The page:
being functional with ruby

Ola wrote about writting functional style accumulators in ruby. I knew there was a better solution to his using fold, which in ruby it's called inject, one of the commenters did mention this. The solution was this:

    [1,2,3,4,5].inject([]) {|a,b| [b] + a}

this is a one liner but it doesn't create the accumulator for us, so, to be really functional, would you do this?:
    reverse = lambda {|l| l.inject([]) {|a,b| [b] + a}}
at this point you have a proc object called reverse that performs the reverse. But the syntax for calling a proc is awkward =(. You can do either: [1,2,3,4,5]
or, alternatively:
    reverse [[1,2,3,4,5]]
I am not making this up ;) Ack! This aspect of Ruby - that procs are not the same as methods - is annoying. I guess you COULD do this instead:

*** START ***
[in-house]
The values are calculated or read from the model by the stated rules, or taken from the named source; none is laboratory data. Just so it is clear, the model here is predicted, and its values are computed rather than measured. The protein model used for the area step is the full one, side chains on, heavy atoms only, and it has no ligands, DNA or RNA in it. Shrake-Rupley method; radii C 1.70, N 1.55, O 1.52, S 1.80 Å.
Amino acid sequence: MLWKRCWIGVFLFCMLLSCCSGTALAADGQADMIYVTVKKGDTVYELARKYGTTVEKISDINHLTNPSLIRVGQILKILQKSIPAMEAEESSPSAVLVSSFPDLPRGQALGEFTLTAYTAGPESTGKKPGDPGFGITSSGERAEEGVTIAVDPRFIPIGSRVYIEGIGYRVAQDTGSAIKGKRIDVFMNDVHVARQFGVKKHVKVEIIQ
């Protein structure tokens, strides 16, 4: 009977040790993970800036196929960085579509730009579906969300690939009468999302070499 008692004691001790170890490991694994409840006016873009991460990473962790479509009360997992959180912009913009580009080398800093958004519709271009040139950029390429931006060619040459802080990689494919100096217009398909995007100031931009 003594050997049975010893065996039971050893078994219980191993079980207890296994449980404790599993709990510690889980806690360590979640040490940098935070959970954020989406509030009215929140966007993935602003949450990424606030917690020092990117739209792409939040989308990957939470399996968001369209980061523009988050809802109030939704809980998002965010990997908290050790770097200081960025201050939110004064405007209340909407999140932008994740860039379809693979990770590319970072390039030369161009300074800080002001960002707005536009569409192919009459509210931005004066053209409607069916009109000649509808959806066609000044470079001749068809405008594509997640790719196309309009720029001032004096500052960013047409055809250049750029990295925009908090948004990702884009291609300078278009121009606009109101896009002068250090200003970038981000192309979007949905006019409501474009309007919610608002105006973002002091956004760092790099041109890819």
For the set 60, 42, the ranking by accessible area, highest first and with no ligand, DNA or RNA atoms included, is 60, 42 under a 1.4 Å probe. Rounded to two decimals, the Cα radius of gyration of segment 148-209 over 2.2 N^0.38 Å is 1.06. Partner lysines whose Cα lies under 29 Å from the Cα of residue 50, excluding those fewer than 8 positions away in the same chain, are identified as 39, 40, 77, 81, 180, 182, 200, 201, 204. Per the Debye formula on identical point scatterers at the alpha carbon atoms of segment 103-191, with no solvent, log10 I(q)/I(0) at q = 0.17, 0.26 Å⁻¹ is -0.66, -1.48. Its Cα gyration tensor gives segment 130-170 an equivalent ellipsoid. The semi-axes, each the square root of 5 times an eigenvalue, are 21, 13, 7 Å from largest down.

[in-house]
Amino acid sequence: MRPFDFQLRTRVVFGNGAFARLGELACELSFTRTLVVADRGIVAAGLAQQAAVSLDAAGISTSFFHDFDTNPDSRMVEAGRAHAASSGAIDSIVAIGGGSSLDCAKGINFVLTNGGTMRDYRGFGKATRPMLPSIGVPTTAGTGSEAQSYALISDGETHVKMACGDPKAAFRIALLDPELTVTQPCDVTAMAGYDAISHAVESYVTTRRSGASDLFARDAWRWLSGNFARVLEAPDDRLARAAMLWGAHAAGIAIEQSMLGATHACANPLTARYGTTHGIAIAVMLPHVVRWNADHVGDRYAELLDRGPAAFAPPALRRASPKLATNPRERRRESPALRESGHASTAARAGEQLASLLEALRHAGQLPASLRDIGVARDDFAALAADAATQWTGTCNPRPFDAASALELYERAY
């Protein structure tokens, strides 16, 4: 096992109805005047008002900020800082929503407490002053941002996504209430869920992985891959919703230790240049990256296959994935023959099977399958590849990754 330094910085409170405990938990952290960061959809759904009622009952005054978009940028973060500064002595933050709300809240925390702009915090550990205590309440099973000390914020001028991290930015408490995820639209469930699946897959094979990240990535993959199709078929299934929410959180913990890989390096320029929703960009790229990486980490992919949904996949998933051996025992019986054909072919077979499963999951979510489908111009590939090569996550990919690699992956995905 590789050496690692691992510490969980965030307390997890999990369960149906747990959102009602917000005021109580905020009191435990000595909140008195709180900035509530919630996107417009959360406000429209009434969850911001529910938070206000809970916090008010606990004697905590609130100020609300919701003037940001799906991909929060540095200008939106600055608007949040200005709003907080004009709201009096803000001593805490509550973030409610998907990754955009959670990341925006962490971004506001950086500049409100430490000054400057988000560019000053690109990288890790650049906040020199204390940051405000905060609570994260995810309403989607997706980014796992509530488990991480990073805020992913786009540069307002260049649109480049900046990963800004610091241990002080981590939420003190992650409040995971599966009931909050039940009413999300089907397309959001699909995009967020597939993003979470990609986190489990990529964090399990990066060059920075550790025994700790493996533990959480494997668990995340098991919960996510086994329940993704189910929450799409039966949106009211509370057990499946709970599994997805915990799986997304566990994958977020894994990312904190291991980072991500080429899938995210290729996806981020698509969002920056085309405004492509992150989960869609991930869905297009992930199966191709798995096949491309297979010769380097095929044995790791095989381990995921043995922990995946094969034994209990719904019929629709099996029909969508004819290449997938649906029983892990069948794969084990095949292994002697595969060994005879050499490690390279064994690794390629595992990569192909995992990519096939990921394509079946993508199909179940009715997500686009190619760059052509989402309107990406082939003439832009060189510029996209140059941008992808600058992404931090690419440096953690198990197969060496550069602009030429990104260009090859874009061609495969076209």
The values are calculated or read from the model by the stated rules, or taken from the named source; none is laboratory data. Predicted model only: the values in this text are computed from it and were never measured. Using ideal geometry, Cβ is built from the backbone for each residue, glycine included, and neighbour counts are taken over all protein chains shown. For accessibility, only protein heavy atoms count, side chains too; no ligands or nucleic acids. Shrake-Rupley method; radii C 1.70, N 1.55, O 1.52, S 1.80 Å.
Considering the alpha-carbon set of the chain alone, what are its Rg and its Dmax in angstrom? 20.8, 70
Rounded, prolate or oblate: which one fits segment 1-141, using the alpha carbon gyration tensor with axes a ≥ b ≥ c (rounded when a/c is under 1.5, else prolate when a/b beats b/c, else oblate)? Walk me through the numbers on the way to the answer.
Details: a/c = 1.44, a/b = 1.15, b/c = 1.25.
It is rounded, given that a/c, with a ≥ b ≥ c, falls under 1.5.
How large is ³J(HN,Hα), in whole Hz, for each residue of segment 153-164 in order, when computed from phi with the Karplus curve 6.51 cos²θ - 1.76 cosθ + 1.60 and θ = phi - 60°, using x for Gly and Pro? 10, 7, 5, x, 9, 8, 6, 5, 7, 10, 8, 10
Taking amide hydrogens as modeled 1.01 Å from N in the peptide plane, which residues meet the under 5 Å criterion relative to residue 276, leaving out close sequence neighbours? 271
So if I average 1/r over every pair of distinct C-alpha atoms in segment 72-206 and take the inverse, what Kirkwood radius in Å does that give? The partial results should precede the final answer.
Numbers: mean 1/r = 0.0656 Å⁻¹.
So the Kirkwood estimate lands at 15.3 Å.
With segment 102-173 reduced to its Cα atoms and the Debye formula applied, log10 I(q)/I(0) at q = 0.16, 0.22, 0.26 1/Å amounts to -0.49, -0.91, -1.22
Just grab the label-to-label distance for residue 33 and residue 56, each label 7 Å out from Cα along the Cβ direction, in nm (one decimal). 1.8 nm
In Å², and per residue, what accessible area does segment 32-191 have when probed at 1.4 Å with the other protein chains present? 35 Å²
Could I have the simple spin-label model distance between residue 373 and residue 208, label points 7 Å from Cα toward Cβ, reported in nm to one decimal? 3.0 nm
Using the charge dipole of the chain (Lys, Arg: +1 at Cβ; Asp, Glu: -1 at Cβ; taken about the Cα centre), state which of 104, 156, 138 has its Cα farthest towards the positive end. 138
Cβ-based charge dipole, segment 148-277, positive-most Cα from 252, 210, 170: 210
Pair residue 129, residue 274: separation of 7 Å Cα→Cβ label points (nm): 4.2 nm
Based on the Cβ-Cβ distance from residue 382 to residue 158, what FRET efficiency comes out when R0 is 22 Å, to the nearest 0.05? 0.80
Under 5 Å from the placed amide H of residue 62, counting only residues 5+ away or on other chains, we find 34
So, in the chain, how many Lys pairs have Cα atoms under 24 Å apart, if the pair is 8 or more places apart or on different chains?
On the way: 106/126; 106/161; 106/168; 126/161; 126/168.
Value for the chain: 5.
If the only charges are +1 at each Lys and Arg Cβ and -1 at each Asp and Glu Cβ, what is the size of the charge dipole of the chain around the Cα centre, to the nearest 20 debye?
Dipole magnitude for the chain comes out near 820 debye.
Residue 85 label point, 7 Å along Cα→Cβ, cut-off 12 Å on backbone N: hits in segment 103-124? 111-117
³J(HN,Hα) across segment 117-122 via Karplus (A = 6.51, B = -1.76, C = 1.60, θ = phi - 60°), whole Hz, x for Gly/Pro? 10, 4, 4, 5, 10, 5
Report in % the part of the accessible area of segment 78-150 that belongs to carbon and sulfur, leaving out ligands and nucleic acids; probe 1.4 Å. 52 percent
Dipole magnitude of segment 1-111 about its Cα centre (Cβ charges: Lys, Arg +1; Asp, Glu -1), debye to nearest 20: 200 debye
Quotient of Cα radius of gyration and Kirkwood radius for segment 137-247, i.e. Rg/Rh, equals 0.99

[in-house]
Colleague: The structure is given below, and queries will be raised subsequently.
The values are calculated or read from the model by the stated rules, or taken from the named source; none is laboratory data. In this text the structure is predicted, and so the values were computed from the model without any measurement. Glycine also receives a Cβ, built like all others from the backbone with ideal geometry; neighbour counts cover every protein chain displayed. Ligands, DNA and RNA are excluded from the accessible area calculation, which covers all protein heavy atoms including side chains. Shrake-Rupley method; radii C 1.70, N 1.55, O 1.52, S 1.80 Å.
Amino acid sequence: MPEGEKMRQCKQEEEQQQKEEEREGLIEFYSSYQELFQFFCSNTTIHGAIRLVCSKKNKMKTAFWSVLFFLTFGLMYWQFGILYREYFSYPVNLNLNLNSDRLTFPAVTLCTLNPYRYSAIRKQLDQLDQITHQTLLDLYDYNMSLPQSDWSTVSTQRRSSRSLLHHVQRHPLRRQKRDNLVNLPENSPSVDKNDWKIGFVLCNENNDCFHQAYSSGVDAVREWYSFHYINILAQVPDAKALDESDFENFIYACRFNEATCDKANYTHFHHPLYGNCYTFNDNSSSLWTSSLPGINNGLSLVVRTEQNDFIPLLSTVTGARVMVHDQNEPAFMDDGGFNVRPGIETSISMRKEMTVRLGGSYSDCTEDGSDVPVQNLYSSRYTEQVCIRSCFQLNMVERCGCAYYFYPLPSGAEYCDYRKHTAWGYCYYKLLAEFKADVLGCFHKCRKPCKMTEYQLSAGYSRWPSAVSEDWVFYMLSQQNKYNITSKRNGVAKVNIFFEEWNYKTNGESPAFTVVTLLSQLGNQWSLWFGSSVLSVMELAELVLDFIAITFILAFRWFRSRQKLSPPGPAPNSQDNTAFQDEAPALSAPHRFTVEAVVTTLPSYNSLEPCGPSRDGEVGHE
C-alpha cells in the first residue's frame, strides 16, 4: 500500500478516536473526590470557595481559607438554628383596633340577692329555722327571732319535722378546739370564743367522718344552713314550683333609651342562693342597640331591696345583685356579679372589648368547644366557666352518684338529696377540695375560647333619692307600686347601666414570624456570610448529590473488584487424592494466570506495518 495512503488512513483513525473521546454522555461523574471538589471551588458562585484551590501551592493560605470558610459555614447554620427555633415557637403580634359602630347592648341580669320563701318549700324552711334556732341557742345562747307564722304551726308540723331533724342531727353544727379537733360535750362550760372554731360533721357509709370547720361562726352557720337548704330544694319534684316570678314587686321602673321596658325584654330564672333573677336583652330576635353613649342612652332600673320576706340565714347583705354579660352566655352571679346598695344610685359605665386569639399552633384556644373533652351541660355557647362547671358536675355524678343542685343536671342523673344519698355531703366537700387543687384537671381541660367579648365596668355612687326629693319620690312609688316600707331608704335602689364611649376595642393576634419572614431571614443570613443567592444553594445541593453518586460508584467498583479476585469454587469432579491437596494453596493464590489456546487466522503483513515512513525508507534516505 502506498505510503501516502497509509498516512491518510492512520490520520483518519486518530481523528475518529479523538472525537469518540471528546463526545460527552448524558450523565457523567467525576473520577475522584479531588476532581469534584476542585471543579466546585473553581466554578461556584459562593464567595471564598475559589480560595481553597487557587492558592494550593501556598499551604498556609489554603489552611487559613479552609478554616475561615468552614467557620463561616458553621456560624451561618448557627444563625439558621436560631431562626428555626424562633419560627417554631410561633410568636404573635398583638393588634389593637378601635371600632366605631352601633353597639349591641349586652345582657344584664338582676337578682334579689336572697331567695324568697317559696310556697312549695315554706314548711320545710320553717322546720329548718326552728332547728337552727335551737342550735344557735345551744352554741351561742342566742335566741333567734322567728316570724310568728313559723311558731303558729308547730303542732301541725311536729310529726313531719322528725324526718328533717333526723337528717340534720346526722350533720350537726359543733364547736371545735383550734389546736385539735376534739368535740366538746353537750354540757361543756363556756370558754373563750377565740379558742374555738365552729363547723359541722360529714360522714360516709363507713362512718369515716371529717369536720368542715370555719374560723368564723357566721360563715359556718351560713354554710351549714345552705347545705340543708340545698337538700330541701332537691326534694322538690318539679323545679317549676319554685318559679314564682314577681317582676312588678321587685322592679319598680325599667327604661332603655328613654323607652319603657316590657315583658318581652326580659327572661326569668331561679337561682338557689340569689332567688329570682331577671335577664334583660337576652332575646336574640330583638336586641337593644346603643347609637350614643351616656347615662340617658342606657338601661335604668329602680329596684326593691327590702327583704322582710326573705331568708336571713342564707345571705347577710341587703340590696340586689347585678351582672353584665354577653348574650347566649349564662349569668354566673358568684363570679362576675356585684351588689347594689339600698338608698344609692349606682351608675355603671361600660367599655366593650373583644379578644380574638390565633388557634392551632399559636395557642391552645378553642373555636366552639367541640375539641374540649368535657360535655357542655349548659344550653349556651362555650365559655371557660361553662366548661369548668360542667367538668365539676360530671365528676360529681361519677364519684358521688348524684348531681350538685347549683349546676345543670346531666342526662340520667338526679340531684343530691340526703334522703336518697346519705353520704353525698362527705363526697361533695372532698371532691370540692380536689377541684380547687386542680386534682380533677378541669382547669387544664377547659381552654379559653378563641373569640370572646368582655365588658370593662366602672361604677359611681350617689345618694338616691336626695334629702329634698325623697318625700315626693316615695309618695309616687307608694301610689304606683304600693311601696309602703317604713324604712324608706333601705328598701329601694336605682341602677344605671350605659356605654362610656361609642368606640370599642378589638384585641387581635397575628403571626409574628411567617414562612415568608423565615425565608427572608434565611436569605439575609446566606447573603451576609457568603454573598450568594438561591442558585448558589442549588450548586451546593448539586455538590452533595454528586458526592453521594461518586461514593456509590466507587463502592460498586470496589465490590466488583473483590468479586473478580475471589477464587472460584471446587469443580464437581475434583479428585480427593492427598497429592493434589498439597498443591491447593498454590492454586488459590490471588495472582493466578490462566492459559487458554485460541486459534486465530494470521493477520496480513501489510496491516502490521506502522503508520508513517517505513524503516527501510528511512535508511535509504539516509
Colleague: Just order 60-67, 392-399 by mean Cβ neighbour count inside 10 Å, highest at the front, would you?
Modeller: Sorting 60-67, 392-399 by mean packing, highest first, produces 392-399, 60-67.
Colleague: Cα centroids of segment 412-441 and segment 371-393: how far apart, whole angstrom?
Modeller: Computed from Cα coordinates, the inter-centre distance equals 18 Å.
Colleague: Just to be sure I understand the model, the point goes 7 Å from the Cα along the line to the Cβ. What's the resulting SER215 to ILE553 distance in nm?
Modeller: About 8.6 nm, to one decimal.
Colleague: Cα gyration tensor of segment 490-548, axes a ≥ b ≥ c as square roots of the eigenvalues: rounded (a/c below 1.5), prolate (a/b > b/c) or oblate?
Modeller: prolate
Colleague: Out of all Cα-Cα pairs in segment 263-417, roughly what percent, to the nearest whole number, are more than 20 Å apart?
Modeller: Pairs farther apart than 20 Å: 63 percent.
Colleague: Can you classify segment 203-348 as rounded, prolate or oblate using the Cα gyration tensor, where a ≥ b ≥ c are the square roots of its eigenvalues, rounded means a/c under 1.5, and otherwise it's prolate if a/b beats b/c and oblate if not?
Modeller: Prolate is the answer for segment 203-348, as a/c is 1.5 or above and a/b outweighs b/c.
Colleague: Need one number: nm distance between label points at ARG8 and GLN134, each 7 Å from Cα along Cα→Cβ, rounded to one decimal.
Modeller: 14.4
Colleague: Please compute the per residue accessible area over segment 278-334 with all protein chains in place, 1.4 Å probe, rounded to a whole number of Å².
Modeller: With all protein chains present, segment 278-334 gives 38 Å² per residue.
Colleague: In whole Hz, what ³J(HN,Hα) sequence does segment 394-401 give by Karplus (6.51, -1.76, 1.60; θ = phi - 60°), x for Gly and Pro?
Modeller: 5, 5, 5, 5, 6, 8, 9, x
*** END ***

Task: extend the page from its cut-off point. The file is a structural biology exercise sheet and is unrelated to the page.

Kernel.send(:define_method, :reverse) {|l| l.inject([]) {|a,b| [b] + a}}
this gives you a method at the Kernel level which would look just like a function. So you can now do:
    reverse [1, 2, 3, 4, 5]
But in the Rubyish OO paradigm you'd probably put it in the Array class:
    Array.send(:define_method, :reverse) { self.inject([]) {|a, b| [b] + a}}
so now you can do:
    [1, 2, 3, 4, 5].reverse
Actually, ruby already comes with an reverse method for the Array so this is only an exercise.

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